Have you ever heard of the “nudge concept”? Two American academics at the University of Chicago, behavioral economist Richard Thaler and legal scholar Cass Sunstein, wrote a seminal book in 2008 that took an obscure economic concept into the mainstream.
The book was called “Nudge: Improving Decisions About Health, Wealth, and Happiness” and it outlined how very small behavioral changes can lead to enormous differences in behavior and outcomes. Ten years ago, the British Prime Minister, David Cameron, insisted that all his cabinet read the book. He created a “nudge unit” inside his government tasked with changing citizen behavior in ways that would increase health or reduce alcohol consumption.
Since then, the British experiment has gone on to improve the rates of organ donation and citizens signing up for employer pension contributions. The reason this theory works so well is because it only requires a very small change to influence how people behave. Some examples of the nudge theory in action are:
• Organ Donation: assume that citizens are happy to donate their organs after death unless they explicitly sign a document saying they refuse.
• Pension contribution: when a person joins a new company the company should start paying into their pension automatically without the need for the employee to complete application forms or documents.
• School lunches: make fruit and other healthy options easier to reach, so it’s just slightly more effort to reach out for a chocolate brownie.
It’s clear how nudge theory works, people don’t want to spend time and effort searching for alternatives when the default choice is easy. By making a default choice the most desirable or healthy it will usually be the most common choice as people actively need to think about an alternative.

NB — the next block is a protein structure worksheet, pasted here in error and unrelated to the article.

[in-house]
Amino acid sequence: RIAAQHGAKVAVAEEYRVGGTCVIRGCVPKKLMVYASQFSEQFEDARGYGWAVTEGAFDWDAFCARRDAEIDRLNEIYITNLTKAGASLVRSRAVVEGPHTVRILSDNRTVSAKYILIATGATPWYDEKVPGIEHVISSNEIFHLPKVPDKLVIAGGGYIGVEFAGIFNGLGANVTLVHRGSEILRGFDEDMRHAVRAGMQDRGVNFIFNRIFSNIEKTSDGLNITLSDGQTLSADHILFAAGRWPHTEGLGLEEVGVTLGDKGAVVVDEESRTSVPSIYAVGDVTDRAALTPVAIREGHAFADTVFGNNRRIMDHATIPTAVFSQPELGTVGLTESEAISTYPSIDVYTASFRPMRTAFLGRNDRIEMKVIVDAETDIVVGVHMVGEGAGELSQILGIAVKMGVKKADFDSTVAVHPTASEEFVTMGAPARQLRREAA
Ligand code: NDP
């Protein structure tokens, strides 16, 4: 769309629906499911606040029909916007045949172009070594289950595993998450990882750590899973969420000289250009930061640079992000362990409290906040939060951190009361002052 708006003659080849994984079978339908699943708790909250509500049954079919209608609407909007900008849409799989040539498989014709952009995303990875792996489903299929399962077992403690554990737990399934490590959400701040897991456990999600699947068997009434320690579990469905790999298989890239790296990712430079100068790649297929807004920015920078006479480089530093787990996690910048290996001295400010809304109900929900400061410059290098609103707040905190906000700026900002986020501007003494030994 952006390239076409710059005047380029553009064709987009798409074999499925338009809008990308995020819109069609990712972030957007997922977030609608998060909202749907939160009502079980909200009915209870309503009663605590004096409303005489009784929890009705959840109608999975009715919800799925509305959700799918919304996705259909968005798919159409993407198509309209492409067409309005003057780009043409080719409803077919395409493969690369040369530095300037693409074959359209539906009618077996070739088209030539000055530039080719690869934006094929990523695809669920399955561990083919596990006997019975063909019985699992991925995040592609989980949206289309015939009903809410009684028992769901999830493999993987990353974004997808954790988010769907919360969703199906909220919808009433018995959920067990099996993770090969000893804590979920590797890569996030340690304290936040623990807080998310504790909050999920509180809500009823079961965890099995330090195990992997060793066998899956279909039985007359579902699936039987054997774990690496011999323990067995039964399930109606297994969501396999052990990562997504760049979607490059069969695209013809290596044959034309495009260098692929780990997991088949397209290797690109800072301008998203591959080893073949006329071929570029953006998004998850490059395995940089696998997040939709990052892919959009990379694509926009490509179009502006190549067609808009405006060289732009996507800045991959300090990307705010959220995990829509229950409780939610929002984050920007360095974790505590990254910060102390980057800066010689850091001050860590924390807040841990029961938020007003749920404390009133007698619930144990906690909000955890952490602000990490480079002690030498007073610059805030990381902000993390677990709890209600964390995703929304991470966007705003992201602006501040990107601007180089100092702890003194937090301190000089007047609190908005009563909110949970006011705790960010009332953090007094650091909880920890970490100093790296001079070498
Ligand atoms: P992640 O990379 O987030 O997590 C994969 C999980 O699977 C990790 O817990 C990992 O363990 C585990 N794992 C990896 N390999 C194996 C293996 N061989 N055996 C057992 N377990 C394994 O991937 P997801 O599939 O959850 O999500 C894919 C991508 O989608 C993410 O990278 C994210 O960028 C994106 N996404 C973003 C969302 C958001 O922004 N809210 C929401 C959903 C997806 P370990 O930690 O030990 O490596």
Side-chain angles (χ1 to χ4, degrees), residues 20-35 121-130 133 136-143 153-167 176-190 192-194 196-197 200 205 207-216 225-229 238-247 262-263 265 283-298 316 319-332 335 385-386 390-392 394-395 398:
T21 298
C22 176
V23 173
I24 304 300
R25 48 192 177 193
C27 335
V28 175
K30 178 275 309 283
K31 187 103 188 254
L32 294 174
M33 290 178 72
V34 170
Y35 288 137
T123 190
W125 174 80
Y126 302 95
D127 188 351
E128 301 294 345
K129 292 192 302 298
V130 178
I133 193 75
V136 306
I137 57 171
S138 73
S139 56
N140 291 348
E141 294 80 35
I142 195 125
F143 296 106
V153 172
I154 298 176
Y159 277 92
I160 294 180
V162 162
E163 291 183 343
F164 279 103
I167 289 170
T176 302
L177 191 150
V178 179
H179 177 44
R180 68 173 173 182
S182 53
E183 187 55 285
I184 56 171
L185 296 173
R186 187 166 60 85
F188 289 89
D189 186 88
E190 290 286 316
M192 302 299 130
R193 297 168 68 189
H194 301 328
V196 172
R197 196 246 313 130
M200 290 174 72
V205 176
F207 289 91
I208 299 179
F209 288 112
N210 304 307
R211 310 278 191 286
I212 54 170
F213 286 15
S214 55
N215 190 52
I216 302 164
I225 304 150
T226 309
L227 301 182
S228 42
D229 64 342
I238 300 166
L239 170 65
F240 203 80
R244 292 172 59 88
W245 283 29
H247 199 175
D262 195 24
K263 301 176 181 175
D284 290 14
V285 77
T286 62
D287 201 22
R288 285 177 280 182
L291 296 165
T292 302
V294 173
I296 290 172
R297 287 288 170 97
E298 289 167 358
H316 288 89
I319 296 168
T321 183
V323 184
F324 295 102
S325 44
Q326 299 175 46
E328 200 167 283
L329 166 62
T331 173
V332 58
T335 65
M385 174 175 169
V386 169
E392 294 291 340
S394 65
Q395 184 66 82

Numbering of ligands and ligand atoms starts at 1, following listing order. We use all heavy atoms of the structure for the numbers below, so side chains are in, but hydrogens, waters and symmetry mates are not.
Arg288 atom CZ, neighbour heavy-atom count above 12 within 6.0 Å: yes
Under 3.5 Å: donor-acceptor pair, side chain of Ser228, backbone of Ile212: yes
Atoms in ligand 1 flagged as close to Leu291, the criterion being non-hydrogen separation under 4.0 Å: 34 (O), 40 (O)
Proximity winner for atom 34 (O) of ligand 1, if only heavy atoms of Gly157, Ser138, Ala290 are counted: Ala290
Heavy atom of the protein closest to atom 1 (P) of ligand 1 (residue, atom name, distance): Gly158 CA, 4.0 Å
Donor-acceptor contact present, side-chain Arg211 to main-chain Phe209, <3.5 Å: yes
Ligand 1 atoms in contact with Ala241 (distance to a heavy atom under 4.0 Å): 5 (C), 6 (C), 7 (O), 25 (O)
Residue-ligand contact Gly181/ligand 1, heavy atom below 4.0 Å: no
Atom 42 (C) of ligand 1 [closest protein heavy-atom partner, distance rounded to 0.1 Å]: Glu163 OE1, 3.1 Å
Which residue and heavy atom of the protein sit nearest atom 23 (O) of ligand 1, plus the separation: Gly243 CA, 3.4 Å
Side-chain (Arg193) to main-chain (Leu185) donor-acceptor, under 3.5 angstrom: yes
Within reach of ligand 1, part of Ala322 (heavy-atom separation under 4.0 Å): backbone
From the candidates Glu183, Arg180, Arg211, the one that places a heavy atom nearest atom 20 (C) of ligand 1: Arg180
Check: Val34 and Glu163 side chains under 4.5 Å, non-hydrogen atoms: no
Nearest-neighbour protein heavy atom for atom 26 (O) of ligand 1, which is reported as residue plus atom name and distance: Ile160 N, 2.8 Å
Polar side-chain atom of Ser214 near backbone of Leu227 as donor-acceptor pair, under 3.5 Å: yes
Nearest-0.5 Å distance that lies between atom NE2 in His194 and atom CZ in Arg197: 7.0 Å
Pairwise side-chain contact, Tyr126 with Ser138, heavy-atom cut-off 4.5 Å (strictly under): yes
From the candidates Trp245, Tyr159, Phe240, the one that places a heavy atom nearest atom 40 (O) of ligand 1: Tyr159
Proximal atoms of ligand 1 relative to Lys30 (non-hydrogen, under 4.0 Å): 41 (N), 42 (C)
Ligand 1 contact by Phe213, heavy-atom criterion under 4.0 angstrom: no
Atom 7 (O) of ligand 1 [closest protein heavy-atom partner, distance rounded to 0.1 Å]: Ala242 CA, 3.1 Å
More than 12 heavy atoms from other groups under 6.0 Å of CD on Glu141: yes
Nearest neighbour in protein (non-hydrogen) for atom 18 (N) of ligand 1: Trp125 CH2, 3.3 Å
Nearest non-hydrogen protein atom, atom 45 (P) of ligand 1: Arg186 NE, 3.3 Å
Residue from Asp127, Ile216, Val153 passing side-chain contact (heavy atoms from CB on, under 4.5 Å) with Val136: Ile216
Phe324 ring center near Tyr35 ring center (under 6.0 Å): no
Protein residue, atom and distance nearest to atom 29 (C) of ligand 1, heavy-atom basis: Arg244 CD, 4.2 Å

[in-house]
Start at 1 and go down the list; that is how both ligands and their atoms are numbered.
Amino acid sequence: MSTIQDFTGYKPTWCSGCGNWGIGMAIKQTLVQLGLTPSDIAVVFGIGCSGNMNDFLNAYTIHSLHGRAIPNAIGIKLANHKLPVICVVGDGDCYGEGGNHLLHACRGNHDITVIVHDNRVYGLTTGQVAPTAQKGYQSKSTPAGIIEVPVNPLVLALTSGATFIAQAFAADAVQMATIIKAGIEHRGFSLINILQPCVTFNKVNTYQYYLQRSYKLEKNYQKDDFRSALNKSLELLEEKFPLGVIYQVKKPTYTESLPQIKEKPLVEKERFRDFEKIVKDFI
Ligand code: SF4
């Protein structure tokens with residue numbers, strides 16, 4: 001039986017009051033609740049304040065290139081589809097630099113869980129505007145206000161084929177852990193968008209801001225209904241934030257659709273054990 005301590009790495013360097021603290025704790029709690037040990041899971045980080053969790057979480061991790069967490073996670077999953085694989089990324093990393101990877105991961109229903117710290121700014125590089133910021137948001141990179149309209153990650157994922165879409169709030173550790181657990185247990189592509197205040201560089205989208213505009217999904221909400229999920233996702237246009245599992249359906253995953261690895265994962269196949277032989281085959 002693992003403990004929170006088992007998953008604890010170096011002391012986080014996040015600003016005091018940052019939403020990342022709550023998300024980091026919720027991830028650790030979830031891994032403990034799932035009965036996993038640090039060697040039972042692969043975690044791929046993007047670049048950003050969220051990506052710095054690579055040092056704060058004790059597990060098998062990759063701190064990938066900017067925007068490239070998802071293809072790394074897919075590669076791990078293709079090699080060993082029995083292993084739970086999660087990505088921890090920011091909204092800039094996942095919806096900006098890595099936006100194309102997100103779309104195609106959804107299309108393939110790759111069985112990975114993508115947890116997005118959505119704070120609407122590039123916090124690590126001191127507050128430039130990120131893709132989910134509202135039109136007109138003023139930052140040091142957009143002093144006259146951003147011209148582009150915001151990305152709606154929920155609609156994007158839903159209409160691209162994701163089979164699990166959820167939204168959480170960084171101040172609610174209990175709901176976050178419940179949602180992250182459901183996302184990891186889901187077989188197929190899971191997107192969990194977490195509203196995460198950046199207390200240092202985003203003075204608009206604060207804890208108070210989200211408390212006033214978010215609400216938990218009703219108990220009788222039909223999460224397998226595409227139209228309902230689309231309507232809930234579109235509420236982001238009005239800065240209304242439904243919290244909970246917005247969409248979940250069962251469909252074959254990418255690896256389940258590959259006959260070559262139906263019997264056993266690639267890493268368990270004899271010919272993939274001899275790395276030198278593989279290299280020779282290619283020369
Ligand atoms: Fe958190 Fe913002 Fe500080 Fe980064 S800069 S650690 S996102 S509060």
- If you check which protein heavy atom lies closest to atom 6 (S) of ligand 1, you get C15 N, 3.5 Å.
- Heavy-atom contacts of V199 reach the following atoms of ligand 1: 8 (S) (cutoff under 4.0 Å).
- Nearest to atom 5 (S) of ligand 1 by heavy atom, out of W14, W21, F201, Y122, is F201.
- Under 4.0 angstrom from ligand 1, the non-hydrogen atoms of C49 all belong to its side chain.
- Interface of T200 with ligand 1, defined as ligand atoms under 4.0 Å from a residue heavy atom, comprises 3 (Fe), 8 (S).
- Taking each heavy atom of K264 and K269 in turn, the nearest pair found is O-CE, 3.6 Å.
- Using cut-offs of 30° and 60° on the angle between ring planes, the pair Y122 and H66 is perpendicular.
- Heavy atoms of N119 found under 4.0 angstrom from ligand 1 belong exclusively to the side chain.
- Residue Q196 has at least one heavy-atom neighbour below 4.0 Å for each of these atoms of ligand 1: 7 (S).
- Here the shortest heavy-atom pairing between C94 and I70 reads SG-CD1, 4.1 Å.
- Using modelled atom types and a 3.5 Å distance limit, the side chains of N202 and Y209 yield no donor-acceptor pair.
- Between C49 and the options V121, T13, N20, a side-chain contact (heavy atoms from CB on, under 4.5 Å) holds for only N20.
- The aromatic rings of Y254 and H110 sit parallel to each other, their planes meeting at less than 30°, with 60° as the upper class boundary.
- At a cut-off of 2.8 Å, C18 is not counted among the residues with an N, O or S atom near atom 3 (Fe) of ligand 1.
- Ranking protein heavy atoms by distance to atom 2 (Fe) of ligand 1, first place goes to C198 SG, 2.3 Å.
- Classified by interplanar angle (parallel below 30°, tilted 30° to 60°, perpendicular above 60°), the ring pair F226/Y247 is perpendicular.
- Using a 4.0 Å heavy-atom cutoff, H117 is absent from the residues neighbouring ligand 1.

Nudge theory is extremely powerful and despite being the subject of a best-selling book, I still find that I often need to explain it. I believe that in our industry it should be a mantra, a completely standard component of how we design a fantastic customer experience. Just imagine if we could use some very small nudges to influence how a customer uses self-service, chatbots, or interacts with an agent.
The Obama White House in the US found that they could nudge citizens through the application of peer pressure. When federal tax documents were sent to citizens they included clear statistics on how many people paid on time - “9 out of 10 people will return this document on time” - and they found that it did improve the number of tax documents being returned on time.
Critics of nudging argue that it is manipulative, but then a true nudge does not pre-determine or force a person to behave in a certain way - they always have the option to not follow the default. This is why I believe it is so powerful. You are not forcing a customer to buy an apple instead of a chocolate bar, but if the apple is located closer to the cash register then more customers will choose the apple - even if the chocolate bars are also displayed nearby.
First published on LinkedIn by Jonas Berggren, January 2021.